The pavement cracks beneath me. Always so hard, immovable. For it to break… That has to symbolize something, right?
Wish I knew what.
Each breath burns my lungs, caustic atmosphere stinging worn musculature, urging it back to action. I can smell the lactic acid through my pores, on my sweat, in the blood that runs in jagged lines down my arms, drips from the tips of my fingers and bursts within the concrete’s newly-formed cracks.
So prominent is this, so powerful this sensation, that my feet seem numb, legs leaden, nothing but dead weight hanging from creaking joints and a heaving torso. Just the smell, just the taste and the sting.
Just the crack of two knuckles against my ribs, splitting them and crushing the organs behind, expelling air past my teeth. Bile coats my lips, sour and bitter on my tongue. I cough–involuntary–and bring a hand to my chest, wince at the fresh surge of pain.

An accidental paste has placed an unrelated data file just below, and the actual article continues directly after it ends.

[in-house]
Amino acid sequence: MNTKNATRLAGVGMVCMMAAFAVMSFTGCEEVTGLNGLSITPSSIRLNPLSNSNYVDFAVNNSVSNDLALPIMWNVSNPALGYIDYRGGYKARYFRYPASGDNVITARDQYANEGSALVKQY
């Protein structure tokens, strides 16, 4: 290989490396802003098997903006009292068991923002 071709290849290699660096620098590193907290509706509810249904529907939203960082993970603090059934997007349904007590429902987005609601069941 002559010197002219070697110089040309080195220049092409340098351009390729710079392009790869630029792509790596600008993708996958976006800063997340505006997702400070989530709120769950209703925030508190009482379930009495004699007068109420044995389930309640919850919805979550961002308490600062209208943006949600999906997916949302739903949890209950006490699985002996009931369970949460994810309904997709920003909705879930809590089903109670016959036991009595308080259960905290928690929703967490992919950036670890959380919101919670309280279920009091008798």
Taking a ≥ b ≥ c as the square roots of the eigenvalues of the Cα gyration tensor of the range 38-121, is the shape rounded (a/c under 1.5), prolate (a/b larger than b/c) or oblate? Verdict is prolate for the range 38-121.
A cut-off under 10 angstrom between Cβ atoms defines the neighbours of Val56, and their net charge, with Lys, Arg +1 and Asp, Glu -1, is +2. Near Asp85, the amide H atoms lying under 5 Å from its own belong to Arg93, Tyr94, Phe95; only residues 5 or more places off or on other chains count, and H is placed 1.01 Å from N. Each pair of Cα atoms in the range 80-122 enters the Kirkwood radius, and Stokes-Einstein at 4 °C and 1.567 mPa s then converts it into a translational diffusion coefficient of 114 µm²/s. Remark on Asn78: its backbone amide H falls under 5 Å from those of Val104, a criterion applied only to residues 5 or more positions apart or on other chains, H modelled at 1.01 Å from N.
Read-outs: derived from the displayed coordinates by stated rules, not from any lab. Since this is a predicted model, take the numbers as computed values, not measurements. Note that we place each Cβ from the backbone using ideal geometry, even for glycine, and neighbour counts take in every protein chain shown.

I see it all: the foot arcing in, the heel snapping down from above, the air distorted around my chin as the two parts collide at odds, dull clatter of bones splintered in my jaw and teeth ripped free of my gums. There’s copper filling my mouth, even as I see it dribble from between lips barely parted, bright red and mixed with clear spit. Something strikes my chest from within, jerks cracked ribs into searing motion, beats again and nearly goes silent, provoking a scrambling fear in a rapidly dimming mind.
The cracks in the pavement widen under my bulk.